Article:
Women find thin men more attractive as potential partners rather than those who look 'macho', according to a new study.
Macho features have long been touted as an evolutionary asset that heterosexual women look for in a potential mate but researchers said weight may be a more powerful driver of attraction as they found testosterone levels were more closely linked with weight than with macho looks.
Researchers in South Africa found that while women do respond more favourably to the faces and bodies of men with strong immune responses, they seem to cue into fatness and thinness, not macho features, when making their judgements.
Fatness, or adiposity, "is an obvious choice for a marker of immunity because of its strong association with health and immunity," study researcher Vinet Coetzee, a postdoctoral scientist at the University of Pretoria in South Africa, told LiveScience.
Macho features such as a strong jaw and squinty eyes advertise that a guy possesses high testosterone, according to the immunocompetence handicap hypothesis.
The trouble with the immunocompetence handicap hypothesis is that masculinity is not universally attractive to women, Coetzee and his colleagues wrote in the journal Proceedings of the Royal Society B.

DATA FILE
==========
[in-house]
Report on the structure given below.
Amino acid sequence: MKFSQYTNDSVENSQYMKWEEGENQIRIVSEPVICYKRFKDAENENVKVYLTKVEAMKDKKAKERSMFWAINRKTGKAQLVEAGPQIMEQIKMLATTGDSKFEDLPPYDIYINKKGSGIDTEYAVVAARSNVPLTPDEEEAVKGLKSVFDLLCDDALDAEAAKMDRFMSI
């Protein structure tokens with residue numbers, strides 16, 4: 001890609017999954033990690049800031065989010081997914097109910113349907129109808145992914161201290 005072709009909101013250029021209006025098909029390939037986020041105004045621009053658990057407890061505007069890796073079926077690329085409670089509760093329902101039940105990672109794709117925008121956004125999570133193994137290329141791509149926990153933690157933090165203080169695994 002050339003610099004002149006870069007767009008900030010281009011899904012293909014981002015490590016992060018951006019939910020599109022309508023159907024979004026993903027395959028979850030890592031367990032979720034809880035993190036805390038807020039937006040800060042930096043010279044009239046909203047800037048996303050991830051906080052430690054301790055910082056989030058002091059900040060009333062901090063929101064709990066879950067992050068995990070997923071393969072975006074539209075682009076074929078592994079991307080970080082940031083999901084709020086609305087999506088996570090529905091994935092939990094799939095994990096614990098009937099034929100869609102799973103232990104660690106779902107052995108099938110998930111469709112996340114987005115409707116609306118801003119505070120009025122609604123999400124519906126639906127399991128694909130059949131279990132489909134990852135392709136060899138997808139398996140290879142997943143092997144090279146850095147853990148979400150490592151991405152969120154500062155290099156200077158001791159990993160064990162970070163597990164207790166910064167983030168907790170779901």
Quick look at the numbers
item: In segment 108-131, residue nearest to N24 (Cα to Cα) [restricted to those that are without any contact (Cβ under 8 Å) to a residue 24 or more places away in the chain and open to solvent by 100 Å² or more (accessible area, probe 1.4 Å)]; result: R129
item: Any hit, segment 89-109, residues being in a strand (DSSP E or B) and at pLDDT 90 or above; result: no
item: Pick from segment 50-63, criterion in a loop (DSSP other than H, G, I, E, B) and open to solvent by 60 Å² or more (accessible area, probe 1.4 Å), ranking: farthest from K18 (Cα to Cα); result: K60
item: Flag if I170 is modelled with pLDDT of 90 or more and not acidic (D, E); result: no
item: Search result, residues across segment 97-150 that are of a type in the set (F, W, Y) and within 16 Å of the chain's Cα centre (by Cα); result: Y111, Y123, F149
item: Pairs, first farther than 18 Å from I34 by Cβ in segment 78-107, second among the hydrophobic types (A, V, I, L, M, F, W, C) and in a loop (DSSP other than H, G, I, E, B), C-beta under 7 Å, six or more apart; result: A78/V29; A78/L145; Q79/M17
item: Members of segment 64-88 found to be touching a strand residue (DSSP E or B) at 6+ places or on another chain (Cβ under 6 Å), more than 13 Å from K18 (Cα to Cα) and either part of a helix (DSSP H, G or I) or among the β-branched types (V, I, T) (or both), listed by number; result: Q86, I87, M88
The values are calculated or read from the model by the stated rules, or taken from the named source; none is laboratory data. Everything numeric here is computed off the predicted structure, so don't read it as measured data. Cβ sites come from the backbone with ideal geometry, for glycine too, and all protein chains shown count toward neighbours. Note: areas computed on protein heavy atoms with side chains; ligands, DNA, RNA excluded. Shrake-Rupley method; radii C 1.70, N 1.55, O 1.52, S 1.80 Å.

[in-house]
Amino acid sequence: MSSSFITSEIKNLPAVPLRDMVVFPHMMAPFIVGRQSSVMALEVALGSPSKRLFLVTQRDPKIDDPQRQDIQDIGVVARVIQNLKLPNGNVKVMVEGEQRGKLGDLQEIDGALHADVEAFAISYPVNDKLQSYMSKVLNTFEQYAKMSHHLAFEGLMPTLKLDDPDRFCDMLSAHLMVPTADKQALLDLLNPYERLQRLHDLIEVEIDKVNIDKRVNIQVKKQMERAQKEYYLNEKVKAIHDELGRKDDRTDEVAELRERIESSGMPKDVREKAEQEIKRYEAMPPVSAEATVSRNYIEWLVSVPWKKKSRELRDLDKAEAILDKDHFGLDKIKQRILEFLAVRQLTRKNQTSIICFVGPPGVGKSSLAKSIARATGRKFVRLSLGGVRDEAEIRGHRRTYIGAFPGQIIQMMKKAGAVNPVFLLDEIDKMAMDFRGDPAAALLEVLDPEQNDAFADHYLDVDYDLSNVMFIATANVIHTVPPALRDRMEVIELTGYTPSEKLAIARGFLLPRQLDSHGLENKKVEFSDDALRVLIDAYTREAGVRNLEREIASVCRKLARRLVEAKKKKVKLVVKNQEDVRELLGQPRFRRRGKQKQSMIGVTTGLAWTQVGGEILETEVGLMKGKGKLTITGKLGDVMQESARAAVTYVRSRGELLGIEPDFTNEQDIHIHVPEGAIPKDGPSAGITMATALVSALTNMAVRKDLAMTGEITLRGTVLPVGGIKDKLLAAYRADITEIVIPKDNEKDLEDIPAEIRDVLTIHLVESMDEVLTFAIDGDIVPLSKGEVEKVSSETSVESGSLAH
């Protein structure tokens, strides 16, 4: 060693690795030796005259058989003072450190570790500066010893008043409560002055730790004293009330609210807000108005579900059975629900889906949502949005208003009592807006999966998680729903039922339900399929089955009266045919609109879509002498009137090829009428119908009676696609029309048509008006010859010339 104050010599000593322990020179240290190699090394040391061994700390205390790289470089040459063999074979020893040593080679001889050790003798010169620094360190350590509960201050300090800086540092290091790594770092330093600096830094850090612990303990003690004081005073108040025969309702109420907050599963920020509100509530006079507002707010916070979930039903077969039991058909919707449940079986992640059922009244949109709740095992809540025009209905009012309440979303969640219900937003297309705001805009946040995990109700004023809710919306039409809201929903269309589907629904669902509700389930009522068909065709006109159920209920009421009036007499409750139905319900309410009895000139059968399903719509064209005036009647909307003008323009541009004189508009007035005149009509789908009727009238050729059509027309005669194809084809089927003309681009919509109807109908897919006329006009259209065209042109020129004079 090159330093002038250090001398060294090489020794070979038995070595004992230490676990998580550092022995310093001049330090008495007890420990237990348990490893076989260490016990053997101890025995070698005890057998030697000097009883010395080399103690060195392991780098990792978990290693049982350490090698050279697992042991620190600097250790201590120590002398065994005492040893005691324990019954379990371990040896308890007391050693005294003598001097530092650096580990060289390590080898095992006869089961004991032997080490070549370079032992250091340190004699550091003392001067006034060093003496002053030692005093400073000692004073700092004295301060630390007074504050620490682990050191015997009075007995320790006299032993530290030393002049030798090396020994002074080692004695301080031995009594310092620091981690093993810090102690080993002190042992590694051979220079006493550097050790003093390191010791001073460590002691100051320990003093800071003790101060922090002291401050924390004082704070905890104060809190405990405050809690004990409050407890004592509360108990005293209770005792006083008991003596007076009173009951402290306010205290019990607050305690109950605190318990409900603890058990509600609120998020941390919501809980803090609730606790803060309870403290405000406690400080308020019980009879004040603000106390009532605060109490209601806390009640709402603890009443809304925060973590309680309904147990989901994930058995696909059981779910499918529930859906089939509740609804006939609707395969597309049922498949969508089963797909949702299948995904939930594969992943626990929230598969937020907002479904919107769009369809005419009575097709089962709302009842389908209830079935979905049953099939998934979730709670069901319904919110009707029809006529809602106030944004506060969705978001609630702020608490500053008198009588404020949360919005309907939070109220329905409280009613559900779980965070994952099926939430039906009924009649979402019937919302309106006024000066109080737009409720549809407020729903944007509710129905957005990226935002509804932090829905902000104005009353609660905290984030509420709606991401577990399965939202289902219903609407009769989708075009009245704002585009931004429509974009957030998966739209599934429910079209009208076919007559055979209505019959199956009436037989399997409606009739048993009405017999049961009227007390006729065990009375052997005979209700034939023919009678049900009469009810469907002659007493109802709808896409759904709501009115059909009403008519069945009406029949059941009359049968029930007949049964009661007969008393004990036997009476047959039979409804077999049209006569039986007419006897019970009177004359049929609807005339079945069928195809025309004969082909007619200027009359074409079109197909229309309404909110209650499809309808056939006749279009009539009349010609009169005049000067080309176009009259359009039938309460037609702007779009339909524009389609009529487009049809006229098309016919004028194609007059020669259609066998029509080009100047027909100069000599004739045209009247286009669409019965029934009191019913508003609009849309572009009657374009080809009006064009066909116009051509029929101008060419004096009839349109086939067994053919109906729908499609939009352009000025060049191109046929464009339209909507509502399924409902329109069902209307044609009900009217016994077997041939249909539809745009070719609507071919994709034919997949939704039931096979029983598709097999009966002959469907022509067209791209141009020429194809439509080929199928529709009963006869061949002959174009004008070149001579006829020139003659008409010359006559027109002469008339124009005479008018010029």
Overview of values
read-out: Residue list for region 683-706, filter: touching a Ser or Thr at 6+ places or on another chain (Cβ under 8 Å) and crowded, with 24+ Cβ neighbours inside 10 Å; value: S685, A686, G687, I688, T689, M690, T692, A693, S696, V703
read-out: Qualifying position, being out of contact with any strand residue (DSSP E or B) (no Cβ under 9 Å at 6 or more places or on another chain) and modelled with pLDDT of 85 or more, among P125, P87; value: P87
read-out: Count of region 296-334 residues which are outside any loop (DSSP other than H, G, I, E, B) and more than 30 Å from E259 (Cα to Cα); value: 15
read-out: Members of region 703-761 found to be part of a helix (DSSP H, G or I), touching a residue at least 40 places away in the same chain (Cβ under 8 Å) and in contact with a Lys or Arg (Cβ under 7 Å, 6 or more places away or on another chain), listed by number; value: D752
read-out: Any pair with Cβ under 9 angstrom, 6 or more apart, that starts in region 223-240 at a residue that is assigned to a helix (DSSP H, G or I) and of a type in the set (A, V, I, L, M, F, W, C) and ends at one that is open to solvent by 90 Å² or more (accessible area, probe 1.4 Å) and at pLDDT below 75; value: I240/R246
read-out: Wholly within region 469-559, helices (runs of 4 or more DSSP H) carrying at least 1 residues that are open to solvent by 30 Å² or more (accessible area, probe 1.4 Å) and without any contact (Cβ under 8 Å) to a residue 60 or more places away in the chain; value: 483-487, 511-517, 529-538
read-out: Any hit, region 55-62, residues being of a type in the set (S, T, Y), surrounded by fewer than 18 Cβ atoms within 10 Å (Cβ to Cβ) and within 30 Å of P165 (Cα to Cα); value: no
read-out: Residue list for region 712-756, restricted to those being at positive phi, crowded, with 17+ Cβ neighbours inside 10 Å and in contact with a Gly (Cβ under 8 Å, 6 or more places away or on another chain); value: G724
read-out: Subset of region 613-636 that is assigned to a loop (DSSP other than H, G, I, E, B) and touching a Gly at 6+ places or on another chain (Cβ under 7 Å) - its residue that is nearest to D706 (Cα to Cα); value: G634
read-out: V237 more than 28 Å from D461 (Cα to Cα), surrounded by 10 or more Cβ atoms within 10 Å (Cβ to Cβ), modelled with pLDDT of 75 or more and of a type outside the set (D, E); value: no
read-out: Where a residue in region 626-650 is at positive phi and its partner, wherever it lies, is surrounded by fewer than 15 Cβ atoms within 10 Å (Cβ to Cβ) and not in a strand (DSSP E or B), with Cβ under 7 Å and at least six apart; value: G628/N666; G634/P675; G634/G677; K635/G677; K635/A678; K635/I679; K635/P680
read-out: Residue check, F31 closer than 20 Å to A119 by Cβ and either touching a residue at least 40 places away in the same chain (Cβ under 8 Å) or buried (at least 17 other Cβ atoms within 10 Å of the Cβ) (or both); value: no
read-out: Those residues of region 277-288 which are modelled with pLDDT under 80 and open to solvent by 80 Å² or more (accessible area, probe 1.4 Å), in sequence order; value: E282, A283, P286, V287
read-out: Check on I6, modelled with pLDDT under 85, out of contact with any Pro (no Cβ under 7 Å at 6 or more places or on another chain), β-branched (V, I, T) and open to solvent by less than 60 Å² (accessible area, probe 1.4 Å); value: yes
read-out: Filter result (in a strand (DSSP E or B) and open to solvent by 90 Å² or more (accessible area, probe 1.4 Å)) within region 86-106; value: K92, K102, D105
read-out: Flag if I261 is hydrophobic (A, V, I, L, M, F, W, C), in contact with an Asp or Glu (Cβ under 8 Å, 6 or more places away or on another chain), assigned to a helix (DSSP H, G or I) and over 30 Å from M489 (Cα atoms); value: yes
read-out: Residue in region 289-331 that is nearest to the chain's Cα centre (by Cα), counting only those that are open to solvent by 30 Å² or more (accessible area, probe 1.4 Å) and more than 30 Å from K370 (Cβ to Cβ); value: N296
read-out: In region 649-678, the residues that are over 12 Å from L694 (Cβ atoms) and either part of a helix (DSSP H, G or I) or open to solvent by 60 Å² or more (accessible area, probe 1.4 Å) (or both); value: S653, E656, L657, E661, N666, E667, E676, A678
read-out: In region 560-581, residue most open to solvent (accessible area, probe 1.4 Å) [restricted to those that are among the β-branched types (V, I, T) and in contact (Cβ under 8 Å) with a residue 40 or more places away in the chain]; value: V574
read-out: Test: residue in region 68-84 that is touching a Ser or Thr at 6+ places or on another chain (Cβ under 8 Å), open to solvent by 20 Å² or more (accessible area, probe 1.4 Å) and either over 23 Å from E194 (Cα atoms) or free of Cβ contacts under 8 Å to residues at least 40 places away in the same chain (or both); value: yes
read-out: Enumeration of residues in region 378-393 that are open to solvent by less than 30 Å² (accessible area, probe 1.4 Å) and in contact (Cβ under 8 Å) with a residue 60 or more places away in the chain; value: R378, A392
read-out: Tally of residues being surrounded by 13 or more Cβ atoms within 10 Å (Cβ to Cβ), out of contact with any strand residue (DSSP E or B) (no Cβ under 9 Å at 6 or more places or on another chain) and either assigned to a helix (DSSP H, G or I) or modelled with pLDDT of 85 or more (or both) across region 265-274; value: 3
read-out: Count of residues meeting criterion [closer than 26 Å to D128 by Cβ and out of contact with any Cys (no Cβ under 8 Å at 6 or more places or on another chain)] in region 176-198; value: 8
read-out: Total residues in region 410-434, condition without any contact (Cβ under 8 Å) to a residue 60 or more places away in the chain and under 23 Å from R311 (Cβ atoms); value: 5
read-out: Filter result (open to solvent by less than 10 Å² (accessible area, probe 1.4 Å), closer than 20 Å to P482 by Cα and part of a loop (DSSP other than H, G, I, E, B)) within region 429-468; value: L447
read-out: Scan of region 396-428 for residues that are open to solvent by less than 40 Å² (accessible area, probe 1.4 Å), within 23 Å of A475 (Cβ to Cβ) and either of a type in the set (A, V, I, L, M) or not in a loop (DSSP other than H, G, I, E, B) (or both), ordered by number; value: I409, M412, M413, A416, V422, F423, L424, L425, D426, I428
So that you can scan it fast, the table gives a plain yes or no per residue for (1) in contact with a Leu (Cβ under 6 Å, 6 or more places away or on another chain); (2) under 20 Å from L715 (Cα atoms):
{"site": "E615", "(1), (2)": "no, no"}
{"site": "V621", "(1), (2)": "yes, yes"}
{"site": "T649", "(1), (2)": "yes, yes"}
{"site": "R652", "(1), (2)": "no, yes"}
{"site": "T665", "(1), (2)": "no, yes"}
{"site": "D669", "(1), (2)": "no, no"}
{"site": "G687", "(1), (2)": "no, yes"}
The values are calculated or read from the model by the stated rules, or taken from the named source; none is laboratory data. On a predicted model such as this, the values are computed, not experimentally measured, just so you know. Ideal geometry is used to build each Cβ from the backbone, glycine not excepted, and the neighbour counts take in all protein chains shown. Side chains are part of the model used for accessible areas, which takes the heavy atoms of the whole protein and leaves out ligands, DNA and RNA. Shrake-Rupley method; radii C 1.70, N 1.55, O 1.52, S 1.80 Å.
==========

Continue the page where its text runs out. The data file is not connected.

Weight is consistently linked both to health and immune system functioning, Coetzee said.
To test the evolutionary role of fat, researchers photographed 69 Caucasian male volunteers in underwear. They also measured the men's body fat and testosterone levels. About 65 per cent were healthy weight, 4 per cent were underweight and 30.4 per cent were overweight or obese.
The men's immune system response was also measured with a blood test done before and after they received a vaccine for hepatitis B.
Men with strong immune responses showed more antibody production after the vaccine than men with weak immune systems. Antibodies are the proteins that recognise and help neutralise foreign invaders in the body.
Next, 29 heterosexual Latvian women looked at photographs of the men's faces and bodies separately and judged them on attractiveness.
A separate group of 20 heterosexual Finnish men and women rated the men for masculinity, and 14 other Latvian women rated the men's facial fatness, or adiposity, which is highly related to overall body fatness.
The results showed that fatness, as measured with facial adiposity, was linked to both antibody response and attractiveness, with pudgier men both having weaker immune systems and being seen as less appealing by the fertile women.
A statistical analysis found that contrary to what the immunocompetence handicap would suggest, masculinity was not linked to either immune response or bodily or facial attractiveness.
"We found that a man's weight serves as a better indicator of the relationship between immune response and attractiveness than masculinity does," Coetzee said.